I think religious oriented groups at colleges should be able to choose who can join, and that not allowing it is a breach of freedom of association. A strong purpose of these clubs is to come together to further understand and discuss the common beliefs, but how can this be possible if the constituents are not faithful followers? However, I would also count it as discrimination to not let someone join because his or her thoughts go against the religion. It is possible that said person is actually interested in learning more about a different faith, so they want to join and gain a better perspective. Problems with this occur when dissenting members are rude to the organization and their beliefs, so I think a better way to handle this would be to have it mandatory for religious groups on campus to follow the all-comers policy, but grant them the option to remove said dissenter if he or she begins being rude and disruptive.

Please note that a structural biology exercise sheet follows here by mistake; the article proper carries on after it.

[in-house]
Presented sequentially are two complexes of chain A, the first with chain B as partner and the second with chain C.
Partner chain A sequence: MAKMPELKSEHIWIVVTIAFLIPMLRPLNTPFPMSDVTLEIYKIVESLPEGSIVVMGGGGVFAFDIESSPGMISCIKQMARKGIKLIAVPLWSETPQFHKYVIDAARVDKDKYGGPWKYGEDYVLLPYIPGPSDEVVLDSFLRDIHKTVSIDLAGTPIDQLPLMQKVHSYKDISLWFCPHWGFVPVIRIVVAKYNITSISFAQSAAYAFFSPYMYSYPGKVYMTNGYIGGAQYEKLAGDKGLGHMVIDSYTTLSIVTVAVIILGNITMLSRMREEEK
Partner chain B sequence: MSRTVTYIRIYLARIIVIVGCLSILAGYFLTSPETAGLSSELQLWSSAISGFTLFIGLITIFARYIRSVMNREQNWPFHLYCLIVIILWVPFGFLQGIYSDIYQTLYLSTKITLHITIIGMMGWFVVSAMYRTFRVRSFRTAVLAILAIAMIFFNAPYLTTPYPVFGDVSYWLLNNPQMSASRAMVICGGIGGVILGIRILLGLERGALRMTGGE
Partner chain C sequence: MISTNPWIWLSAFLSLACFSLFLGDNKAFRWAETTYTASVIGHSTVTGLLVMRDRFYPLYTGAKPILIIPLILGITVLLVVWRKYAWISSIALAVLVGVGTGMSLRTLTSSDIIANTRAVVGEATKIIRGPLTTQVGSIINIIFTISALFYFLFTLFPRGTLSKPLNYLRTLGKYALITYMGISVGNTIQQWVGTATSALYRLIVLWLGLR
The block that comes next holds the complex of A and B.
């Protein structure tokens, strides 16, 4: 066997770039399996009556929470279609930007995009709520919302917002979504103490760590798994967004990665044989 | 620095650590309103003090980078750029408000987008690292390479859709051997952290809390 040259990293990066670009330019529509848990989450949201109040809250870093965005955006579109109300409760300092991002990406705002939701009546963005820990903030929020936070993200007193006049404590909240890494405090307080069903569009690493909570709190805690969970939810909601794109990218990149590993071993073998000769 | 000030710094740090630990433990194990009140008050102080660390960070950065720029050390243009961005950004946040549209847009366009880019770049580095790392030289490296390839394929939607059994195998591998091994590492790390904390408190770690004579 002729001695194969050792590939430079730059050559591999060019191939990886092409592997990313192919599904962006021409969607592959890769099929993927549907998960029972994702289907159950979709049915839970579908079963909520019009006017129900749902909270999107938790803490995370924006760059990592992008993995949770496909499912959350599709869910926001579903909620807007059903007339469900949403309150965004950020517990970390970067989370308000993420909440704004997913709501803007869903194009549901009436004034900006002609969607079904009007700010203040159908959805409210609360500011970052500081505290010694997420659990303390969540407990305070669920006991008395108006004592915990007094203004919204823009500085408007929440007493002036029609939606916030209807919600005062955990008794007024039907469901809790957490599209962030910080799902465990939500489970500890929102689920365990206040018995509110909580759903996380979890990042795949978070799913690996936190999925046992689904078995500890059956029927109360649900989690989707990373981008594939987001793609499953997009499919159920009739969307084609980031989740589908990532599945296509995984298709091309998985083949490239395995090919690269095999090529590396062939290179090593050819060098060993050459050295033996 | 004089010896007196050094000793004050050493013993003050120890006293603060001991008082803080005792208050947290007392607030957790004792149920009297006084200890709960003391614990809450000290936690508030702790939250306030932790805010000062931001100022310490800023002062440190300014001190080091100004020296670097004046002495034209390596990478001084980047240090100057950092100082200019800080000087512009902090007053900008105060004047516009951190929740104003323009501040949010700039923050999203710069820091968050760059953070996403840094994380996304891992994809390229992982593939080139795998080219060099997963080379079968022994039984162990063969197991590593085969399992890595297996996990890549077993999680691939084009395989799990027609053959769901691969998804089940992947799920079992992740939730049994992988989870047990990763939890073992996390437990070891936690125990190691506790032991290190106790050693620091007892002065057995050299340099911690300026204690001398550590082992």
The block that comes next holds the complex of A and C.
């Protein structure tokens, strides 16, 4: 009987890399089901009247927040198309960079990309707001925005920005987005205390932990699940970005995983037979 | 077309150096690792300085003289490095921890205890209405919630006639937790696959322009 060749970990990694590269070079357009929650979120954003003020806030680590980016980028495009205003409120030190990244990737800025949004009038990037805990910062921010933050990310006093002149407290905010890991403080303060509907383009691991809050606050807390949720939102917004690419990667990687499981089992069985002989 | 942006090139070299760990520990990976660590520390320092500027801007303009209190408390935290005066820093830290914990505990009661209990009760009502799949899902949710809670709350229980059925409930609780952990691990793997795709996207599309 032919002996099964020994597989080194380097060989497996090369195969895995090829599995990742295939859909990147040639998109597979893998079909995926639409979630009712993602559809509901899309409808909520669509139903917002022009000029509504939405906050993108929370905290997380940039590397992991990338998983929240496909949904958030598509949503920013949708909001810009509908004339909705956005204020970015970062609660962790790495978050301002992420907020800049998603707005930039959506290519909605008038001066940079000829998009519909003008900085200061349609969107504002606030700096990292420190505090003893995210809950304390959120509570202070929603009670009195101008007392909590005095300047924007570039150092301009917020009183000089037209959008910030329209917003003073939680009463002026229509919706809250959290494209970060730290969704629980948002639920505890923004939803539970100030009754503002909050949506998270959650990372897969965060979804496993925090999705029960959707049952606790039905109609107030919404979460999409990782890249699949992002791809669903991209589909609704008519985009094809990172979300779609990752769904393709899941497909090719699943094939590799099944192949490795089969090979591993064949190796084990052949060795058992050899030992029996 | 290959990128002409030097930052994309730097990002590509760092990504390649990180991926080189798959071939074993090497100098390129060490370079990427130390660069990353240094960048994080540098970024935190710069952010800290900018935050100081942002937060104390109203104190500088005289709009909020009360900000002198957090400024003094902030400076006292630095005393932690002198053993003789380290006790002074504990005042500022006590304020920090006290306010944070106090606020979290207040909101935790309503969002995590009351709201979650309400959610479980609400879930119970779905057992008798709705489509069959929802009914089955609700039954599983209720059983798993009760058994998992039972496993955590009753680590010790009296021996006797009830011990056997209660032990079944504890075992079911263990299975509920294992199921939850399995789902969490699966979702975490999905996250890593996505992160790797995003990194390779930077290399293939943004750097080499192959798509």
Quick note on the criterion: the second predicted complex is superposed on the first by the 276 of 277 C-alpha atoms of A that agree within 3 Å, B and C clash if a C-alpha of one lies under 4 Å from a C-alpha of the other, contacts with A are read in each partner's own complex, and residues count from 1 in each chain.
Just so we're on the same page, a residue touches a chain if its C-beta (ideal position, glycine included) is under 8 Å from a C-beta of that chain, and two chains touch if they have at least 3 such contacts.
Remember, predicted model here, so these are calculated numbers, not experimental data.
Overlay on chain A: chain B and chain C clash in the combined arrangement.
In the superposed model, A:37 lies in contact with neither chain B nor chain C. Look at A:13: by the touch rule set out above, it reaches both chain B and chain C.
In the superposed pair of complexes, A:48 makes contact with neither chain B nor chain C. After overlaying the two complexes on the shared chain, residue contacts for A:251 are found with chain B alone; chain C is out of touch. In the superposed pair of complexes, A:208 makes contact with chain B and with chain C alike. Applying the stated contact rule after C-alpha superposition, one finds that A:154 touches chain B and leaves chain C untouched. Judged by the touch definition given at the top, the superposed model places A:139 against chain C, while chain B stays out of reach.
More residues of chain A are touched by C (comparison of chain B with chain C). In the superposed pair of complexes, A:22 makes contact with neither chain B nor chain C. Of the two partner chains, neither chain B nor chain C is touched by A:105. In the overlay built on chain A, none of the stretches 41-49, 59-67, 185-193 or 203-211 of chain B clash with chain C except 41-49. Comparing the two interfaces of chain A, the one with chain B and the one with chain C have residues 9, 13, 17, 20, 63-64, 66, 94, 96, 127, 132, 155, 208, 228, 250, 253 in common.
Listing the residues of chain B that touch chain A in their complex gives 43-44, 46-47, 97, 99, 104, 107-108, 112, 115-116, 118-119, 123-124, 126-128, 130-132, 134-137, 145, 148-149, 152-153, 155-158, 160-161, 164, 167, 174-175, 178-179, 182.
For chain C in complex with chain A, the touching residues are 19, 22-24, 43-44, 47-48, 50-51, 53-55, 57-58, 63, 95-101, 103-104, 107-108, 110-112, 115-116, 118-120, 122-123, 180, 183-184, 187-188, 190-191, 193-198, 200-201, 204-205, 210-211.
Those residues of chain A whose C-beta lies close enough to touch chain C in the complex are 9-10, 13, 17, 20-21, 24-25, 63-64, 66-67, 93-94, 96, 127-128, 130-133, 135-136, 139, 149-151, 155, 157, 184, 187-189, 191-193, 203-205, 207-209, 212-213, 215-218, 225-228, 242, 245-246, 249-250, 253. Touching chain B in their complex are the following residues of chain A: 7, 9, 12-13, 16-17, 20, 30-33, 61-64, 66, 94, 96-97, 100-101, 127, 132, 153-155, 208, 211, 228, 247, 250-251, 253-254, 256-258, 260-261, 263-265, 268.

This issue is important because it once again brings up the idea of how intertwined, if at all, schools and religions can be. Considering the religious group is located on a college campus, I believe that the school has some control over what the club is able to do because they are affiliated with said university. However, I strongly believe that taking away one’s freedom of association by not allowing groups the right to work towards commonly desired goals is clearly unconstitutional. It is true that they could avoid this policy by going off campus, but this then makes the members have to choose between gaining benefits from the school and having fully committed members, a decision they should not have to make. These groups consist of people who want to pursue their religious goals and beliefs surrounded by people with the same interests, and it is unconstitutional to disrupt this process by forcing them to take people in. This would then lead to the issue of deciding who is truly following the religion and would therefore be granted the ability to join, along with who actually gets to make this decision. There is clearly no definitive solution to the issue, but I think religious organizations have the right to choose who is able to join in order to best follow the interests of the group as a whole, and that taking this away is completely disregarding freedom of association.